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A branch of mathematics concerned with relationships in space, defined in terms of points, lines, angles, planes, surfaces, and solids. The original application of the term was to measurements on the Earth’s surface—a practical art developed by the Egyptians that was theorised when Thales imported it into the Greek world, its foundations clarified by Euclid’s Elements (fourth centuryb.c.). Euclid used deductive logic to construct a series of theorems—further augmented by such writers as Apollonius and Archimedes— based on five axioms that seemed intuitively indubitable (although the fifth axiom, which relates to parallel lines, seemed less indubitable than the rest). Significant augmentations of geometric technique followed the reintroduction of Euclid’s work to Europe in theRenaissance, the most important being Rene´ Descartes’ development of an ‘‘analytical geometry’’ that permitted the graphical representation of algebraic relationships. Euclidean geometry continued to be considered a definitive description of spatial properties even though notions of ‘‘absolute space’’ were repeatedly challenged by idealistic notions of space as an artefact of perception.Immanuel Kant’s proposal that space was a necessary a priori construct deflected attention away from the possibility that actual space might be significantly different from perceived space—or, at least, from the possibility of ever finding out if that were the case.

When mathematicians began developing ‘‘non-Euclidean’’ geometries based on the variance of Euclid’s fifth postulate in the earlynineteenth century, suspicion was aroused that real space might be non-Euclidean. Carl Friedrich Gauss and Nikolai Ivanovich Lobatchevsky both made measurements of actual triangular relationships in the hope of finding a discrepancy in the sum of their angles that would offer evidence of a curvature in actual space. The formulation of an abstract philosophy of geometry by David Hilbert, which refused tomake assumptions about the properties of real space, did not long precede the development of the general theory of relativity by Albert *Einstein, which extrapolated Hermann Minkowski’s notion of a non-Euclidean ‘‘space-time continuum’’.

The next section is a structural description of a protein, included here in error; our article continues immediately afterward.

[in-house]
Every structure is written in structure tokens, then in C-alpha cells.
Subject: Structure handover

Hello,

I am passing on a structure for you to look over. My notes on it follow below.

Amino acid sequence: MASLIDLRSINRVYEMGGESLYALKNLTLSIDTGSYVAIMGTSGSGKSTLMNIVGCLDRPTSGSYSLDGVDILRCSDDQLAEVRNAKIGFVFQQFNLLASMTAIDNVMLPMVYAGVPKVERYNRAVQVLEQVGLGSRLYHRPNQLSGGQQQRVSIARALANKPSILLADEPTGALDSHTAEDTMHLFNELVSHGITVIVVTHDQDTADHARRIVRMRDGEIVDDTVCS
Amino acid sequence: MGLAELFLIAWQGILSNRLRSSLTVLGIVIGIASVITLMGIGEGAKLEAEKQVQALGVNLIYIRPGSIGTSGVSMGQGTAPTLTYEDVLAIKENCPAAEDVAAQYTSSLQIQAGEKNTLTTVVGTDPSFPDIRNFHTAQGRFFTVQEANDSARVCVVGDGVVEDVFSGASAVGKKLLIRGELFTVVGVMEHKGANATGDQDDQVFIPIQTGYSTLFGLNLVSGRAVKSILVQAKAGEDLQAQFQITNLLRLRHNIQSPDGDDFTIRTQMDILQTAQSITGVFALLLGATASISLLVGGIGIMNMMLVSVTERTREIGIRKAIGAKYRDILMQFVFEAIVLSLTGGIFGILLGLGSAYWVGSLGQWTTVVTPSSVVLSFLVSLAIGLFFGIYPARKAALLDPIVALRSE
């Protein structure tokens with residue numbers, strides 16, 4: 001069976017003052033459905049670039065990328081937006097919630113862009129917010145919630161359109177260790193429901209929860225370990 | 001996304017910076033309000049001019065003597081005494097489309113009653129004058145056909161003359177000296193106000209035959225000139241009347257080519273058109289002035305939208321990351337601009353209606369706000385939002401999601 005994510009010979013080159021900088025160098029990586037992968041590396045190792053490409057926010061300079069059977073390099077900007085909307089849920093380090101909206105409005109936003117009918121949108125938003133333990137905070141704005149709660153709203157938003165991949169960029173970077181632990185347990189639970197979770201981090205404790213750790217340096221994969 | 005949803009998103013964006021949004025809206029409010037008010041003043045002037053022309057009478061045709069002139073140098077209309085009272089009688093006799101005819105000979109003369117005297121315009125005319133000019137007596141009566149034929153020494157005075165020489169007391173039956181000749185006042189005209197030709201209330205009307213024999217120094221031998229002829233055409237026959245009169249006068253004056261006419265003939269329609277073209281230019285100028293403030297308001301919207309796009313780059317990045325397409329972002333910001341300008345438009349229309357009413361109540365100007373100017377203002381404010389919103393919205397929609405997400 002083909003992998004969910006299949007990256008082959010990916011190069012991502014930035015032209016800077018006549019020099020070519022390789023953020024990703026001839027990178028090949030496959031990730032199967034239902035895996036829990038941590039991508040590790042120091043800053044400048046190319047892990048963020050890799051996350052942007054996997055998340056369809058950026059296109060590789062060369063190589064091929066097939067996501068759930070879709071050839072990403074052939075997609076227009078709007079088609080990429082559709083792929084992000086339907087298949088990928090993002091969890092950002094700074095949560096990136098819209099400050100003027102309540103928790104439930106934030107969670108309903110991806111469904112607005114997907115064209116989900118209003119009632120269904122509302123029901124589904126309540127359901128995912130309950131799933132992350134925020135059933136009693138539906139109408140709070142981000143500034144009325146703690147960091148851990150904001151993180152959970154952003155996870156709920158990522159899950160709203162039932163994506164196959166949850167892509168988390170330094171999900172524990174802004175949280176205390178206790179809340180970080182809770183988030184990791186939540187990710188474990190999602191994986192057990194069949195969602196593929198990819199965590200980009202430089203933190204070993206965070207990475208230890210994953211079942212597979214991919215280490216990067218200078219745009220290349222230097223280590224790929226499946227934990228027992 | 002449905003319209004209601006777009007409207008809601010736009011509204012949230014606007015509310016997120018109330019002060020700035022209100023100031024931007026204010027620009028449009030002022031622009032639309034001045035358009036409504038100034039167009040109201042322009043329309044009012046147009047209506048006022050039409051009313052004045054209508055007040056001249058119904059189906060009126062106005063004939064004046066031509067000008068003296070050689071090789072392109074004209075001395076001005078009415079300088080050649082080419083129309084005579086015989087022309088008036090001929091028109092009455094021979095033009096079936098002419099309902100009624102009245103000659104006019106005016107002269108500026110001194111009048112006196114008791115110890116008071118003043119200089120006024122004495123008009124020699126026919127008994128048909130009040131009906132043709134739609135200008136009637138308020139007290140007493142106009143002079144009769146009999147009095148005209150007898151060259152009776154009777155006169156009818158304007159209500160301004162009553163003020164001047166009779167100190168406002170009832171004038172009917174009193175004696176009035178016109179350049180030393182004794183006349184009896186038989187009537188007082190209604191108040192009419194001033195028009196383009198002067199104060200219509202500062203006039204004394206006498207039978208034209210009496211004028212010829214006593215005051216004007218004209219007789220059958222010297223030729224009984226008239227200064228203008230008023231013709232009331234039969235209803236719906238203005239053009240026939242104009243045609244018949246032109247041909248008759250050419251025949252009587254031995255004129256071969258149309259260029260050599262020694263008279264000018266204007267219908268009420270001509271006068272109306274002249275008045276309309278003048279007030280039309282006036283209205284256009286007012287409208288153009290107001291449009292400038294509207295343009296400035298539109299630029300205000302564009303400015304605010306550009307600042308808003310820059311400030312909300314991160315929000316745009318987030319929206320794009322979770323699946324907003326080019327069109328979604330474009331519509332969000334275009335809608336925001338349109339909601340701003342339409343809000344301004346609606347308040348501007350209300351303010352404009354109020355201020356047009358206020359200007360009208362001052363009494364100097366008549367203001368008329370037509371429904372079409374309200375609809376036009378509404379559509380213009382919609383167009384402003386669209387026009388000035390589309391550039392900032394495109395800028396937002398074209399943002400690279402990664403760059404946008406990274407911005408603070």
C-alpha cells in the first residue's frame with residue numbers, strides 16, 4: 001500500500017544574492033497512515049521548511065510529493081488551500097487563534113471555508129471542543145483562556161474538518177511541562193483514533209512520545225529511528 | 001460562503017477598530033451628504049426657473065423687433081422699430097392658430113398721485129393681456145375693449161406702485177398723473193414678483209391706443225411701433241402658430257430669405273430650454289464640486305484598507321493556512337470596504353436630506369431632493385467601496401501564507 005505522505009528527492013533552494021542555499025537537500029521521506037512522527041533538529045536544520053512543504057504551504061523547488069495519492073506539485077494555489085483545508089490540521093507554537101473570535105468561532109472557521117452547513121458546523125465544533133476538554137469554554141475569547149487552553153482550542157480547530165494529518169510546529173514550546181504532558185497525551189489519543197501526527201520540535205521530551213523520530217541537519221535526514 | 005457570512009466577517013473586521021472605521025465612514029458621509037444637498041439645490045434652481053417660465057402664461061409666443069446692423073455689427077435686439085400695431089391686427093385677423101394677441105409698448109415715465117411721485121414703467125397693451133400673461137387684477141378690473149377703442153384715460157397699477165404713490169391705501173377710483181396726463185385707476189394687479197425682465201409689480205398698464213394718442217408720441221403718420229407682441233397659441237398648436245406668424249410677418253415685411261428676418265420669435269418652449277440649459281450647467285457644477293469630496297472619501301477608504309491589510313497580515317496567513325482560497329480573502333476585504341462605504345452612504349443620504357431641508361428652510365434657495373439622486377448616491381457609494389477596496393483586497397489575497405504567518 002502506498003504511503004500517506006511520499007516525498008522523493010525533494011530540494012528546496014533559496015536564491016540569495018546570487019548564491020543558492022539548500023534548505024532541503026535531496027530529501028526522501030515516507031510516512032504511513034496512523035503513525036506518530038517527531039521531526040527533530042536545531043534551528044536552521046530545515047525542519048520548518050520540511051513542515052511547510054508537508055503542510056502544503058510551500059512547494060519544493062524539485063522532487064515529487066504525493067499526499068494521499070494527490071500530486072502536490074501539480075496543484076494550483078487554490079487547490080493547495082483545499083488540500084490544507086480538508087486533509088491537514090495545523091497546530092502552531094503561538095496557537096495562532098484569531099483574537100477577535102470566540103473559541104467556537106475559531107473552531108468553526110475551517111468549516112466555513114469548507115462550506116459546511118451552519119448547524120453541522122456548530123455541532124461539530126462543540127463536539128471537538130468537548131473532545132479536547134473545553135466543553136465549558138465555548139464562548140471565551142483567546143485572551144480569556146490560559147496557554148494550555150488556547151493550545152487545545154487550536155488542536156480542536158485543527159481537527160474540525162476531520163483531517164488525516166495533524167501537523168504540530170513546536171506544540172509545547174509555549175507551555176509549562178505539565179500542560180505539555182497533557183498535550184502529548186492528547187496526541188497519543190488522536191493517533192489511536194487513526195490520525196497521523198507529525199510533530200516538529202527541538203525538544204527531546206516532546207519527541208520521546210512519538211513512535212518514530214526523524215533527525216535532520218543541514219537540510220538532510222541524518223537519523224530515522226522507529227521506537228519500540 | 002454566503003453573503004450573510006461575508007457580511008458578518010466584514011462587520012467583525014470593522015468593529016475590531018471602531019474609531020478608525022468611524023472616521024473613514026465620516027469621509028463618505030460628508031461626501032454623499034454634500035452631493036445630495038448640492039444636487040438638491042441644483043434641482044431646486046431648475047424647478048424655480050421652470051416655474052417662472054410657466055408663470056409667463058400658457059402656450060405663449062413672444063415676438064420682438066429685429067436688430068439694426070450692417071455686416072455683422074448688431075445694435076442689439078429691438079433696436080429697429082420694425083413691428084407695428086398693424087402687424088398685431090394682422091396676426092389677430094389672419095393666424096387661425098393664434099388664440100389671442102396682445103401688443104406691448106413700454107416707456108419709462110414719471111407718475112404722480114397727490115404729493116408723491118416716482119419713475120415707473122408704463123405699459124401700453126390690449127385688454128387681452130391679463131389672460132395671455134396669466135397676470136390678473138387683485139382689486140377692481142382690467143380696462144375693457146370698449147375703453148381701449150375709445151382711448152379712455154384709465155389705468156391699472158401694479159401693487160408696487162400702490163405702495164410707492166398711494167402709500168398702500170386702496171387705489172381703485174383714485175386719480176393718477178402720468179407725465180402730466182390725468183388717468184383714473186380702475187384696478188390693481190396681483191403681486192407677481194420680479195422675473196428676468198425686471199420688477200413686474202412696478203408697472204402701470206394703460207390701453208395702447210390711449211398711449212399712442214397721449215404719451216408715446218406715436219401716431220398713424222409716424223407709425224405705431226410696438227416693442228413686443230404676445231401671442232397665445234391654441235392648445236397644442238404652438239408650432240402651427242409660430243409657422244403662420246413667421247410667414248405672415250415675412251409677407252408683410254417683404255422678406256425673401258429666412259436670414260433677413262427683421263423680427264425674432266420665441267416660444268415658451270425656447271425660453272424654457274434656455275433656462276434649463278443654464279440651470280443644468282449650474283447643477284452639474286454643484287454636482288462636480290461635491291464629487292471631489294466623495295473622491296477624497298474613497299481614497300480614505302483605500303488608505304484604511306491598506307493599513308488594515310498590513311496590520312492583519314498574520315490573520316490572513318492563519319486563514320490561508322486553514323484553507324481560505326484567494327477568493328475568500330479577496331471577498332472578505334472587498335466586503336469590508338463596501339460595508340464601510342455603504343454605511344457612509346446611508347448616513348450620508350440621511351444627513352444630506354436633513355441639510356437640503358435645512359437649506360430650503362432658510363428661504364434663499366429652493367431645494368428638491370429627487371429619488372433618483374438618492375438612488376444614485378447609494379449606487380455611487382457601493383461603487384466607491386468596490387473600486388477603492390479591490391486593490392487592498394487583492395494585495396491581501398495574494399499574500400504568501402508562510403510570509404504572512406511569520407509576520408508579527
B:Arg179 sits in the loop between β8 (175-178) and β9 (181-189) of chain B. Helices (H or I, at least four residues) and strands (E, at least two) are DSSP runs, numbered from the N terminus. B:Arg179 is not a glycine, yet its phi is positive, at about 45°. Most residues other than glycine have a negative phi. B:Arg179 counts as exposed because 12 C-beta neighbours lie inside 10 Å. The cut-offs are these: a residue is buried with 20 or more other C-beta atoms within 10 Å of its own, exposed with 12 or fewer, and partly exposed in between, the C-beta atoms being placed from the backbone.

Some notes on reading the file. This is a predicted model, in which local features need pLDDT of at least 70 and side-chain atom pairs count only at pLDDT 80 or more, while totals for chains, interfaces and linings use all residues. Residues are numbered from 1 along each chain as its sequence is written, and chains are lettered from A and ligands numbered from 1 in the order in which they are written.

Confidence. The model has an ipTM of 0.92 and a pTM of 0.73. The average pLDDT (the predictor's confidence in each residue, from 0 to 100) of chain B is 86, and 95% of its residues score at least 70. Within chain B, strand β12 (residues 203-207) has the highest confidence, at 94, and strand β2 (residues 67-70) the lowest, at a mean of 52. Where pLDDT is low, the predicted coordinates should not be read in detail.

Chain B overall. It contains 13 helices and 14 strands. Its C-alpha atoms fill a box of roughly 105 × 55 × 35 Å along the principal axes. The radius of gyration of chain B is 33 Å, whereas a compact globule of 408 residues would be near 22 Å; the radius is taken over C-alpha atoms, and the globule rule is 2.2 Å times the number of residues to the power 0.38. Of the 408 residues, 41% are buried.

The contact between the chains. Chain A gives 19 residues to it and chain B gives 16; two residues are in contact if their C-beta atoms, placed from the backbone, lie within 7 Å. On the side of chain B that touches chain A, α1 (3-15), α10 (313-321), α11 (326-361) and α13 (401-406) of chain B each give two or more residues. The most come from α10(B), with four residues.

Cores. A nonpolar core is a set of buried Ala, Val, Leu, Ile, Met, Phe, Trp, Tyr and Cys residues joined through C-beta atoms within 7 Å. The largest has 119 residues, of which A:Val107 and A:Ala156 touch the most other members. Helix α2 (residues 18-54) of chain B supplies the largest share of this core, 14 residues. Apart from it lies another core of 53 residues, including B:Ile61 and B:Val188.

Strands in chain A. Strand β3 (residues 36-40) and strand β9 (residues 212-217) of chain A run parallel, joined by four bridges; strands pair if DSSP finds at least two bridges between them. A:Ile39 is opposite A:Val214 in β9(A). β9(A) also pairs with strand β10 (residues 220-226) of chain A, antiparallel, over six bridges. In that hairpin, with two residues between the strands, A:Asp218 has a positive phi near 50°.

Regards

Coordinate geometry began to produce literary spinoff when the representation of time as an axis encouraged its mathematical consideration as a fourthdimension equivalent to distance in any of the three spatial dimensions, thus assisting the Notion of time travel. The relevant apologetic jargon was not developed, however, until the mathematical consideration of hypothetical two-dimensional and four-dimensional objects and spaces began to make extensive use of fiction as an imaginative aid, as in Edwin Abbott’s description of Flatland (1884, as by ‘‘ASquare’’). Abbott’s hope was that if readers could be persuaded to identify with the predicament of a two-dimensional being attempting to imagine the third dimension, they would then find it easier to appreciate the limitations of their own perception. He used satirical humour as a means to make his account of Flatland more interesting and engaging, and to reflect the essential oddness of the idea.Abbott’s contemporaries included C. H. Hinton, who made more elaborate attempts to popularise similar ideas in ‘‘A Plane World’’ (1886) and An Episode of Flatland (1907), and Alfred Taylor Schofield, whose Another World; or, The Fourth Dimension (1888) tackled the problem more directly. Claude Bragdon’s A Primer of Higher Space: The Fourth Dimension (1913) is a hectic combination of mathematicsand occultism, concluding with ‘‘Man the Square: A Higher Space Parable’’. This kind of speculative fiction became more than an intellectual game once the refinement of relativity theory required physicists to think in terms of a four-dimensional space-time—a problem sharpened considerably when theoretical physicists in search of a unifying theory began to hypothesise further spatial dimensions....